We’ve heard some strange and silly superstitions to include in your Wedding Day, but after much searching, we’ve found eight wonderful ones that, regardless of whether you’re actually superstitious, you’ll want to include in your Big Day.
1. As the Saying Goes…
Carrying “something old” on your wedding day supposedly pays homage to the Bride’s relationship with her family, while the “something new” is a token of the couple’s new union and promising future. Your special “something blue” will paint a colour story of fidelity and love, while tradition dictates that “something borrowed” should come from someone who is happily Married and willing to share their good fortune with the new Bride. Most people don’t realise the Victorian rhyme actually ends with “…and a silver sixpence in her shoe.” So throw one in for good luck, Fairies!
Middle Eastern and Indian brides sporting intricate henna designs on their hands and feet also serve more than a decorative purpose, warding off the evil eye and preserving the Bride’s fertility.
3. Rain, Rain, Go Away
Rain on your Wedding day obviously isn’t ideal (because frizzy hair and eyebrows running down your face is unattractive); however in some cultures like that of Hindu people, a downpour is actually a symbol of fertility and cleansing.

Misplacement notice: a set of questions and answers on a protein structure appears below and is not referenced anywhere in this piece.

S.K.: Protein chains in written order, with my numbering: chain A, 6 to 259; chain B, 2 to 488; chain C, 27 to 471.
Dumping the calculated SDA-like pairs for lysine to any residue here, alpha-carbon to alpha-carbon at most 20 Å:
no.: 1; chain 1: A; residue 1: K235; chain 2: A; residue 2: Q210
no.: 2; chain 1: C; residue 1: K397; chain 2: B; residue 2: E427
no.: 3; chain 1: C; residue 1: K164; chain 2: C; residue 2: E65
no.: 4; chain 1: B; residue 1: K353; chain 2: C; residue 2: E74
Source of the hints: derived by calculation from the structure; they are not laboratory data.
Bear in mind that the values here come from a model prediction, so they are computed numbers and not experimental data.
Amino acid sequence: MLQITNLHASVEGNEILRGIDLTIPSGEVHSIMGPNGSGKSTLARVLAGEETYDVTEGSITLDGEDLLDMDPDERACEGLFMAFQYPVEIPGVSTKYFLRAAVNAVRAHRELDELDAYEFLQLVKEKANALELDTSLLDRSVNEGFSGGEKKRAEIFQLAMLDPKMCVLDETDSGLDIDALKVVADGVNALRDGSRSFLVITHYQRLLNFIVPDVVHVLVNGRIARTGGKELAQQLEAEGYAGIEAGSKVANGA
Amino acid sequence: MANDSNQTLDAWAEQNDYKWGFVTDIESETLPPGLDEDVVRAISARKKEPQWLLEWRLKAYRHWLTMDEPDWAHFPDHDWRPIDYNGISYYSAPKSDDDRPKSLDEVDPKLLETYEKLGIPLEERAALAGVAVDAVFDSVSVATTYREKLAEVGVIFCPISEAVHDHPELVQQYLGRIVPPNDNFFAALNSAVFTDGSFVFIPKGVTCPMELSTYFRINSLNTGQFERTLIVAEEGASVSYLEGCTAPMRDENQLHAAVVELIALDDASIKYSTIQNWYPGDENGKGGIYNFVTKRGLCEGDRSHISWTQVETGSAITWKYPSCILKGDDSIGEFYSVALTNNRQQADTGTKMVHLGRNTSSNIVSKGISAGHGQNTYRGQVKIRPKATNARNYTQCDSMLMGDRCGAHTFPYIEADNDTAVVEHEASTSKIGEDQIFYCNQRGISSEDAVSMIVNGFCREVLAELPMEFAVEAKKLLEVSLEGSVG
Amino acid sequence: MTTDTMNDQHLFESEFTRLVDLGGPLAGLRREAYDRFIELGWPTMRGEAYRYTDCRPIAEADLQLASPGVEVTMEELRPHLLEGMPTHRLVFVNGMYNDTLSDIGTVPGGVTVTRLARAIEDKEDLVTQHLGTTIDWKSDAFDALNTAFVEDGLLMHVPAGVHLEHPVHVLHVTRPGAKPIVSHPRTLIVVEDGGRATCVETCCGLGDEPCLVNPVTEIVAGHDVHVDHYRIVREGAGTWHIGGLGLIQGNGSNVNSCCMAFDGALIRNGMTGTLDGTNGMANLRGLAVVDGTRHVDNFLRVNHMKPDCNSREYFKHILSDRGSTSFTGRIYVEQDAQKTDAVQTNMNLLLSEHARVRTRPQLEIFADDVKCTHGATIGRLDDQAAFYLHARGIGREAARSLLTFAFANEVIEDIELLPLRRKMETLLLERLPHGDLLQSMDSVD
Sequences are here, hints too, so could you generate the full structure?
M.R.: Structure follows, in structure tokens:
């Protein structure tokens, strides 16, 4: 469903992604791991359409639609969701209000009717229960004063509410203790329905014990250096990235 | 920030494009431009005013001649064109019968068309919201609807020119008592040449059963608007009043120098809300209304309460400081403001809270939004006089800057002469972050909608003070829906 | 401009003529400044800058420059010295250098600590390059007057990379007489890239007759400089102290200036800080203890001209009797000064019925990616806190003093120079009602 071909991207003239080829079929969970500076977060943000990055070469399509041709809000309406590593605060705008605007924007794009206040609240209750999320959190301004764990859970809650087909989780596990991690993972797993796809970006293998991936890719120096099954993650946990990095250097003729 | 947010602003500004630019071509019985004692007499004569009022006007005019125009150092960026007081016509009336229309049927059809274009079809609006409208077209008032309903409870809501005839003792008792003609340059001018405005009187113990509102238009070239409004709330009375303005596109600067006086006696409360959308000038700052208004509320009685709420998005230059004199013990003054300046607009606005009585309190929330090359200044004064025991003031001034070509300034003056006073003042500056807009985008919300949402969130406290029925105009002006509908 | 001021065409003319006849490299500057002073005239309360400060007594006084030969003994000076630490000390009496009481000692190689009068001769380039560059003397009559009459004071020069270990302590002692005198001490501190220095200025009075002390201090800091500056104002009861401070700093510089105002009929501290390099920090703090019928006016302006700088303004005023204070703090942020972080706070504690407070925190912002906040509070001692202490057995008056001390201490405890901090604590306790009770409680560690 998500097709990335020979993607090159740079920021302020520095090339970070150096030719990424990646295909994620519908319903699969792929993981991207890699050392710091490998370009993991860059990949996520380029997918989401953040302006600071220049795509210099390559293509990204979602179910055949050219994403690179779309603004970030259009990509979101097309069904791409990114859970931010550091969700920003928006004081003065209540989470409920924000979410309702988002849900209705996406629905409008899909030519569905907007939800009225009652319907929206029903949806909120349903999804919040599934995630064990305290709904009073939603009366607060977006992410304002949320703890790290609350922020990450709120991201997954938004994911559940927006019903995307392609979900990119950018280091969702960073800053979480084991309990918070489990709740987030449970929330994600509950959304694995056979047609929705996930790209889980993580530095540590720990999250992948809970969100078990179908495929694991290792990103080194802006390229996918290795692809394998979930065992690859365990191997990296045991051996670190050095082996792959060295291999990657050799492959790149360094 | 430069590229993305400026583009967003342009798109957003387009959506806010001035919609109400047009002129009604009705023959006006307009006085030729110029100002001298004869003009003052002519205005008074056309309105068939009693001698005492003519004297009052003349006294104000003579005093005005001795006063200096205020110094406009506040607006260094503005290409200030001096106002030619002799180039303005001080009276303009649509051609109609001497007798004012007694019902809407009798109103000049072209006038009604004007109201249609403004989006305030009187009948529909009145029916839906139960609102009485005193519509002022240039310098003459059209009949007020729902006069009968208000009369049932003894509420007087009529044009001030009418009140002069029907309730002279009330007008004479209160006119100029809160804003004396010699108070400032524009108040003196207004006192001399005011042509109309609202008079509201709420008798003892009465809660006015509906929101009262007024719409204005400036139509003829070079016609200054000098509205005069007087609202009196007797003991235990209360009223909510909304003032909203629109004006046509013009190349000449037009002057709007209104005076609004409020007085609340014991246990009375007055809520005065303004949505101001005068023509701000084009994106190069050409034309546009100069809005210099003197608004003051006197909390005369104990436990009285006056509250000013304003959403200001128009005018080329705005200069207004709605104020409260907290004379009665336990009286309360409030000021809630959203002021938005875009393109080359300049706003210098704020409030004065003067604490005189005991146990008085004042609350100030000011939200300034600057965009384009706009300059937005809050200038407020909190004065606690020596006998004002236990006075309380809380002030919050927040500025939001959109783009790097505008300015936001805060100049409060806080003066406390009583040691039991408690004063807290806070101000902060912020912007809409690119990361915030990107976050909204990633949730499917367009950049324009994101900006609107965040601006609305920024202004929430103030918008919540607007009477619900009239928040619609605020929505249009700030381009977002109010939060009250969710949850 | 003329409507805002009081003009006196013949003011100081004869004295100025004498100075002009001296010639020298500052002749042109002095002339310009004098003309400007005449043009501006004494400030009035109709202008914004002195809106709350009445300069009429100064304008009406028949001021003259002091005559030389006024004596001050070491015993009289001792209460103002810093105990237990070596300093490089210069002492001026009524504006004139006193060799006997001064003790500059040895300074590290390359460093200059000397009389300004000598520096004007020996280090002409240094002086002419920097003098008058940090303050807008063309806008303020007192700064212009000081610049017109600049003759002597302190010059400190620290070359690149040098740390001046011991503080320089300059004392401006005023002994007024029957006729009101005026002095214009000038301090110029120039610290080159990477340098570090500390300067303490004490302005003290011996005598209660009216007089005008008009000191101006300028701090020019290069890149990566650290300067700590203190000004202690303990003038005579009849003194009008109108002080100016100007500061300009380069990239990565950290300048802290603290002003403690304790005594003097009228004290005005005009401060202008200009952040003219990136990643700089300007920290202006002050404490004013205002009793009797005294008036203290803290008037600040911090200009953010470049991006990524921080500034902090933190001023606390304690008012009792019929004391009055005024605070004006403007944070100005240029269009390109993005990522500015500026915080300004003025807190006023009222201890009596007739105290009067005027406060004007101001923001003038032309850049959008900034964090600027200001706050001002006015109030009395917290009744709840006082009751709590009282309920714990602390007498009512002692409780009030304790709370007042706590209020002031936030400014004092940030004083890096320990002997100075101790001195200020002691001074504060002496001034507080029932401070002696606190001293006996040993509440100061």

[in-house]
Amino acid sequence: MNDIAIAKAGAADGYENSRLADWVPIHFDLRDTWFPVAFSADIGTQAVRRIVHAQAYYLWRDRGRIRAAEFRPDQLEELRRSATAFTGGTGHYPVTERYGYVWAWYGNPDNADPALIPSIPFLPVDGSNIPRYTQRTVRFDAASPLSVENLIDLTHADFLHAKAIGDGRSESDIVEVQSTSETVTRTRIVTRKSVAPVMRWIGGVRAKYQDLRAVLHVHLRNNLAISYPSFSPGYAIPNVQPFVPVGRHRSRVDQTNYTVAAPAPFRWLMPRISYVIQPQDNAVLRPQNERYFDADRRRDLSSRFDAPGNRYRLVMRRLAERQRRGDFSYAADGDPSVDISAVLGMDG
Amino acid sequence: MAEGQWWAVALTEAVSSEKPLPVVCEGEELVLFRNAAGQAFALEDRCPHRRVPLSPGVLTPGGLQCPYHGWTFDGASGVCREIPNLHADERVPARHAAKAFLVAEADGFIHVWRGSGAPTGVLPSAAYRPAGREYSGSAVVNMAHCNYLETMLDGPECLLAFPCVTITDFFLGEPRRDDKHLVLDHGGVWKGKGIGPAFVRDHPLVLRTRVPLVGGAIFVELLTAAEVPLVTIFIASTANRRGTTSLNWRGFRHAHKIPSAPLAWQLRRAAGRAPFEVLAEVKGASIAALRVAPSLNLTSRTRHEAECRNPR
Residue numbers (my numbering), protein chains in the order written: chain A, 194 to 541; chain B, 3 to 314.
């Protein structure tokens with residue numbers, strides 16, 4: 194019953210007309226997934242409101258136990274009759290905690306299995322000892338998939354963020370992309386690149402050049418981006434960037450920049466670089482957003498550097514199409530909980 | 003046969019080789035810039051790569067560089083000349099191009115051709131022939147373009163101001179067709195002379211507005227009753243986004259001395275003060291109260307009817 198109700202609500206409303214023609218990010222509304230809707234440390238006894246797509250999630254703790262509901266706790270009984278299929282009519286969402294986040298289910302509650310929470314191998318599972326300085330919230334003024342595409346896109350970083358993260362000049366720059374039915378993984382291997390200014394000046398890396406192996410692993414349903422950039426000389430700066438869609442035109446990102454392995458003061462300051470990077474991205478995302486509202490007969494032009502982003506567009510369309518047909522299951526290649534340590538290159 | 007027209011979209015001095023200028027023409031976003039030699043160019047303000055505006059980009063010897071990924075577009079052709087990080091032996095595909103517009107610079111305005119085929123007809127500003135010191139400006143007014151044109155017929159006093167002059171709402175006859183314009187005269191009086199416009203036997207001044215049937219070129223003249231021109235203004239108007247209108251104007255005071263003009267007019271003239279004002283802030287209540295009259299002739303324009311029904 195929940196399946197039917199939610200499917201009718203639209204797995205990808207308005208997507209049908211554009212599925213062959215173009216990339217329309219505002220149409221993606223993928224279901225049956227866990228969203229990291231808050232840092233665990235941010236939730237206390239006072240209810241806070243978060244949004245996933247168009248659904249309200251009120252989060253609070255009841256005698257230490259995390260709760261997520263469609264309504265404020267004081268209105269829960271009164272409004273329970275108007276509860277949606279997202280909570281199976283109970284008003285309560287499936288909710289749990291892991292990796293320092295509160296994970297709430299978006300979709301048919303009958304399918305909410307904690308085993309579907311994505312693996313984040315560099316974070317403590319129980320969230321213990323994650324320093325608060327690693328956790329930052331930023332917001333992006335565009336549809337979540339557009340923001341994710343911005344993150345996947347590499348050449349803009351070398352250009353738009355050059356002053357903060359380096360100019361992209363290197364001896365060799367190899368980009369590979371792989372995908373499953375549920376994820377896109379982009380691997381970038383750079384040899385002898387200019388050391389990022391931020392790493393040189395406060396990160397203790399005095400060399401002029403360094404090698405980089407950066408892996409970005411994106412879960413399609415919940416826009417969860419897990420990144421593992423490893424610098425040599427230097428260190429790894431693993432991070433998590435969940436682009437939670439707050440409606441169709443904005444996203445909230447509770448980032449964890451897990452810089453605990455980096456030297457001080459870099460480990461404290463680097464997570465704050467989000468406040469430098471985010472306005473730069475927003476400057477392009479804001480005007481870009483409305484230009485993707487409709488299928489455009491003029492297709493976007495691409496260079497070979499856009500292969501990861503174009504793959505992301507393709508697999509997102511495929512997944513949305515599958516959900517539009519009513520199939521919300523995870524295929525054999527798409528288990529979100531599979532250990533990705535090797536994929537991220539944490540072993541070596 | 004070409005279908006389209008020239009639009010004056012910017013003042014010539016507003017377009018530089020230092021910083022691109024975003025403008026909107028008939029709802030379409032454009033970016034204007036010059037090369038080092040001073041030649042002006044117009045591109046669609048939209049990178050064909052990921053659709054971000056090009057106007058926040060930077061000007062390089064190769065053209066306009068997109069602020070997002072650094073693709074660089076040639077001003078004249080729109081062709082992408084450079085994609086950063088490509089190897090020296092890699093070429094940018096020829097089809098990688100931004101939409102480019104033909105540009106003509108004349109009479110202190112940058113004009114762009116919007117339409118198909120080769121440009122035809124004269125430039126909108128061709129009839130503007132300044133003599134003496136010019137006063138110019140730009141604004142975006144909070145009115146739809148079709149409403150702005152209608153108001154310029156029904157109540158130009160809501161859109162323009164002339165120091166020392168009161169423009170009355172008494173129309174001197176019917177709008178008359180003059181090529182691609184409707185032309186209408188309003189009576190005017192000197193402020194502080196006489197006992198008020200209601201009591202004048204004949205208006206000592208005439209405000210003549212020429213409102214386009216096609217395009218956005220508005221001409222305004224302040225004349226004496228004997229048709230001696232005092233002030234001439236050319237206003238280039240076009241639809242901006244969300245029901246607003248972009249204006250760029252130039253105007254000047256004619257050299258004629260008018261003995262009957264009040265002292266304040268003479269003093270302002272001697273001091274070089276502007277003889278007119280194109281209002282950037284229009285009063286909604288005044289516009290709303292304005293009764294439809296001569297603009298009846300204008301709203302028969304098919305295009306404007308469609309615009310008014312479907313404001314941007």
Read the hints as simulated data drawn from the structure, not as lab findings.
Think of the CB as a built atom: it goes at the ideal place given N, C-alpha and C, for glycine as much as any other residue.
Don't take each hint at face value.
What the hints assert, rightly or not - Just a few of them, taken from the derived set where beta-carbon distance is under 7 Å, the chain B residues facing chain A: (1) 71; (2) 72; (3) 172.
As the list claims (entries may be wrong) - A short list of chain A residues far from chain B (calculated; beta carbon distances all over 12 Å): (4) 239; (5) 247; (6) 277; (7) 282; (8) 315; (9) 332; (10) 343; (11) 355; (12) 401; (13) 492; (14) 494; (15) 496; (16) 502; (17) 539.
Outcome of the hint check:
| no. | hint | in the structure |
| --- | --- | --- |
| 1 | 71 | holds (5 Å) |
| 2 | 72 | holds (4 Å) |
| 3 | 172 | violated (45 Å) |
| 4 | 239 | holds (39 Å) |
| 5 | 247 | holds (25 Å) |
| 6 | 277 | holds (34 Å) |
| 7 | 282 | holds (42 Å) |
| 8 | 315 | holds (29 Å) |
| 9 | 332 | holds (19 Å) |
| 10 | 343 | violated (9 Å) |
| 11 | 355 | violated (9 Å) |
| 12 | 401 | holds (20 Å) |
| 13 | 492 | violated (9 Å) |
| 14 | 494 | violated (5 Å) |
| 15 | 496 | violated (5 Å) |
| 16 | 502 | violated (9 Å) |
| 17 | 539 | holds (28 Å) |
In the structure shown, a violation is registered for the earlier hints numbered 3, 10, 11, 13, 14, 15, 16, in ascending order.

4. Feeling Lucky?
A range of talismans are said to bring the happy couple good fortune on their Wedding day. The Greeks advocate tucking a sugar cube into your glove or clutch on the Wedding day, to ‘sweeten’ the union. Irish and Scottish brides believe in carrying small horseshoes with the same purpose and Egyptians Brides receive a small pinch the morning of for good luck.
5. Using your Married Name Before the Wedding
Doing so apparently means the wedding won’t happen. Case in point: please refer to every sixth grade notebook with your name and your crush’s surname shamelessly emblazoned on the cover. Yeah, enough said.
6. Save the Top Tier for the Anniversary
Enjoying the top tier of the Wedding cake on the couple’s first anniversary is considered sentimental nowadays. But historically, this tradition was purely functional. Society dictated that Marriage was ideally followed by children. And ASAP. So 19th century bakers easily sold their clients three tired cakes based on the social precedent of the bottom tier for cutting, middle tier for guests’ consumption and the top tier for the christening of their firstborn child.
7. Milk Baths
Moroccan women traditionally enjoyed bathing themselves in milk before the Wedding day. Combined with argan oils, the bath was intended to be a purifying ritual.
8. What Your Flowers are ACTUALLY Saying
When it comes to florals, roses are the obvious choice with all their connotations of undying love. But for all of you Fairies whose Pinterest boards are overflowing with peonies… You may want to reconsider. Peonies actually symbolize shame (*dramatic sob*).
Main image from Stephanie and Christian’s Wedding. Photography by Irina Berestovskaya.